The problem here is that none of the consumers knows about the new structure and they will try to get or set properties that does not exist anymore like firstName and our app will die, let's fix this before our evil consumer start running again. Using the javascript Proxy Object we can redirect get and set to the right property so if a consumer is requesting user.firstName we can return user.personalInfos.firstName.

Our javascript proxy Object will look like this

function proxyUser (user) {
  const handler = {
      get: (target, prop) => {
        // if the key is groupped we redirect it to there
        if (prop in target.personalInfos) {
          return target.personalInfos[prop]
        }
        // default access
        return target[prop]
      },
      set: (target, prop, value) => {
        // we do the same for set
        // but here we need to return because we don't want to set
        // the value twice in the group and in the object
        if (prop in target.personalInfos) {
          target.personalInfos[prop] = value
          // on a set trap we need to return true to mark the set as successful
          return true
        }
        target[prop] = value
        return true
      }
    }
  const proxy = new Proxy(user, handler)
  return proxy
}

  

the only thing we need to do now is to change our cheherazadeDB service to give back the proxyUser instead of the original user object.

export async function getUser (id) {
  const user = await selectSingleUser({where: {$id: id}})
  // --- previously ---
  //return user
  //--- now ---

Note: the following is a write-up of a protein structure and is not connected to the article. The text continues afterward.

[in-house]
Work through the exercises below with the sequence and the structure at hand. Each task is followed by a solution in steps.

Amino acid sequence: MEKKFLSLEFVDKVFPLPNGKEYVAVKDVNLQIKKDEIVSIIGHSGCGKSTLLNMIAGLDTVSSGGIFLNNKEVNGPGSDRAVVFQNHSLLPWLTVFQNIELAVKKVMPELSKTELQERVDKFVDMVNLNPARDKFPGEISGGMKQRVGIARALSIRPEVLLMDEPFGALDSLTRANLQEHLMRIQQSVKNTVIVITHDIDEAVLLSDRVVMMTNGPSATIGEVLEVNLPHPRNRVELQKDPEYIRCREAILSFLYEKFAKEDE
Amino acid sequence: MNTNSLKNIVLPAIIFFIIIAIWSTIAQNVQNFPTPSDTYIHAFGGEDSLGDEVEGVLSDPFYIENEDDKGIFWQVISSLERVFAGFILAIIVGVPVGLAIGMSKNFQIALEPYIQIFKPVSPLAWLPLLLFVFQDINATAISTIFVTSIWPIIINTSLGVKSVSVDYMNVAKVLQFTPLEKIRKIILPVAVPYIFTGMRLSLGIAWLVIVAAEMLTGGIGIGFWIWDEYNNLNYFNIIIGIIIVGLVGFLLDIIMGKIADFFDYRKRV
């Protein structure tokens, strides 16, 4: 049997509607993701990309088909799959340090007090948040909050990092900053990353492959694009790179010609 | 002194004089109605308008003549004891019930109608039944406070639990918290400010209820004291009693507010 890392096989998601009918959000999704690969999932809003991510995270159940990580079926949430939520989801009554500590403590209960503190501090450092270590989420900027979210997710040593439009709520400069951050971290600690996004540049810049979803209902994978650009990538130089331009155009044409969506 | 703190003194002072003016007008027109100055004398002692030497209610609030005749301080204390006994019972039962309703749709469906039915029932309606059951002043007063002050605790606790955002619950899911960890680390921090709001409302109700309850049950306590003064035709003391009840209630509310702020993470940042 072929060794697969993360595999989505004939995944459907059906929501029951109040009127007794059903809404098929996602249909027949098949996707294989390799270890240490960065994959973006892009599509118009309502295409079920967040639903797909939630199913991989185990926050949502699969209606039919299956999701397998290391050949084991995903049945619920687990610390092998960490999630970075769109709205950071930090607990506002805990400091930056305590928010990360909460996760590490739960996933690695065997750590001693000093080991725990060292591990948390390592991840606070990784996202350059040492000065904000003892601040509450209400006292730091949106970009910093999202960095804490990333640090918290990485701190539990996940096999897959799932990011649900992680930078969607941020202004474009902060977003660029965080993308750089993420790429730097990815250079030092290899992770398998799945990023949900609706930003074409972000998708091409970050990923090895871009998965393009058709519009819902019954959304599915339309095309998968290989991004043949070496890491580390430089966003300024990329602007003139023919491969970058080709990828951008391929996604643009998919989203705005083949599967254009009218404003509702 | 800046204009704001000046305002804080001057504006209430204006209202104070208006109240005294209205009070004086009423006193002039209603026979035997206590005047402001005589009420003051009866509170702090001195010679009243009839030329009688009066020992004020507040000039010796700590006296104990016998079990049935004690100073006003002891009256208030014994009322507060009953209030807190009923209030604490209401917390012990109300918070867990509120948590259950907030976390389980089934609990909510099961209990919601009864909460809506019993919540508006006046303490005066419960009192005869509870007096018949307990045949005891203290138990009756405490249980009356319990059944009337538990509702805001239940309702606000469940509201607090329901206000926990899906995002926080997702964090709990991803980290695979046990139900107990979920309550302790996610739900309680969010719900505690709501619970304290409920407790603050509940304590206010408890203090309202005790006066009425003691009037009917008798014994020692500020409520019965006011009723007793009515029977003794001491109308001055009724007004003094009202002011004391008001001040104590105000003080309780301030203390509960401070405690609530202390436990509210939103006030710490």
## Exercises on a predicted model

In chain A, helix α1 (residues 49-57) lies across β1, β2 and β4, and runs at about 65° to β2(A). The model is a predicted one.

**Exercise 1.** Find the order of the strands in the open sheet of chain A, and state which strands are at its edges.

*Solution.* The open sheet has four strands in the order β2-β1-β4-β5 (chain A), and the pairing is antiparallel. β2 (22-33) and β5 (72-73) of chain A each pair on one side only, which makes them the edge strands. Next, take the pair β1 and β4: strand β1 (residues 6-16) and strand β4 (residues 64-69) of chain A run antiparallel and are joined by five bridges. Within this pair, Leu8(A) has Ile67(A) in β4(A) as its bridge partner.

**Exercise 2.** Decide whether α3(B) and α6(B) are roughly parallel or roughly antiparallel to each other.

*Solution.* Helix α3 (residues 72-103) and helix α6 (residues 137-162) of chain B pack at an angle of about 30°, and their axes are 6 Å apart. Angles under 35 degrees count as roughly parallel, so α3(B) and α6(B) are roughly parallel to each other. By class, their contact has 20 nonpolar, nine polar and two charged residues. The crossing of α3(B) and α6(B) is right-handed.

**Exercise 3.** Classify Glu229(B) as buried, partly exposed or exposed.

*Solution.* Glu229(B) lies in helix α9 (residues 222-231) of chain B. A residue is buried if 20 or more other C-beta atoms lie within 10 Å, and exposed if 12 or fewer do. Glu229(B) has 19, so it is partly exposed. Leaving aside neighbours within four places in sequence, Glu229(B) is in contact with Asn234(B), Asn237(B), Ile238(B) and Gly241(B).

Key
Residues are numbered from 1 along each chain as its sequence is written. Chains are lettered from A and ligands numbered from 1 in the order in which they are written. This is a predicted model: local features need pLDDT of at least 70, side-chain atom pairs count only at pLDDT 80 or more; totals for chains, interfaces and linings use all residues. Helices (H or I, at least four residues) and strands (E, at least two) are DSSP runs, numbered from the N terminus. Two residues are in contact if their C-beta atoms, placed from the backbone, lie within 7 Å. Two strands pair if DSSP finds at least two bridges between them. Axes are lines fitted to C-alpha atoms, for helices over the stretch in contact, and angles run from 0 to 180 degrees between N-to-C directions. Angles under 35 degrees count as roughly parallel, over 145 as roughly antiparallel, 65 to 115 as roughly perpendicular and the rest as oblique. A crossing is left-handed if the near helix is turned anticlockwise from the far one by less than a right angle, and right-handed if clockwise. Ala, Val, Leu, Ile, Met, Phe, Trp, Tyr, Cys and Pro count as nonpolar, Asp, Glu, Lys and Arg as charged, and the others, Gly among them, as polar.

const proxiedUser = proxyUser(user)
  return proxiedUser
}

Great, now that our services are running fine we need to warn the developer that some fields are deprecated and they should use the new properties. Let's change our proxyUser function to reflect that.

function proxyUser (user) {
  const handler = {
      get: (target, prop) => {
        // if the key is groupped we redirect it to there
        if (prop in target.personalInfos) {
          // NEW: Add deprecation warning
          console.warn(`Accessing ${prop} directly will be deprecated in the next version please use myObject.personalInfos.${key} instead`)
          return target.personalInfos[prop]
        }
        // default access
        return target[prop]
      },
      set: (target, prop, value) => {
        // we do the same for set
        // but here we need to return because we don't want to set
        // the value twice in the group and in the object
        if (prop in target.personalInfos) {
          // NEW: Add deprecation warning
          console.warn(`Accessing ${prop} directly will be deprecated in the next version please use myObject.personalInfos.${key} = value instead`)
          target.personalInfos[prop] = value
          // on a set trap we need to return true to mark the set as successful
          return true
        }
        target[prop] = value
        return true
      }
    }
  const proxy = new Proxy(user, handler)
  return proxy

Now whenever a service tries to use the data will receive that warning for example

  //....
  const user = await getUser('<id>')
  console.log(user.firstName) 
  //...

we'll get this output in the console. console-wwarning

And so the service consumer kept ScheherazadeDB alive day by day, as he eagerly anticipated the finishing of the previous night's story. At the end of 1,001 nights, and 1,000 stories, Scheherazade told the king that she had no more tales to tell him. During these 1,001 nights, the king had fallen in love with Scheherazade. He spared her life, and made her his queen.

Can I use it now?

Yes since most of the major browsers supports it already.

Proxy object browser support

Same for Nodejs, since v6.9 javascript Proxy object is fully supported

Proxy object nodejs support

What else can we do?

With the javascript proxy object possibility are endless, you can resitrict the write access to some properties, logging access and so on. There is a really nice in depth article by ponyfoo you should check it out. Also I had a presentation about Proxies you can find it here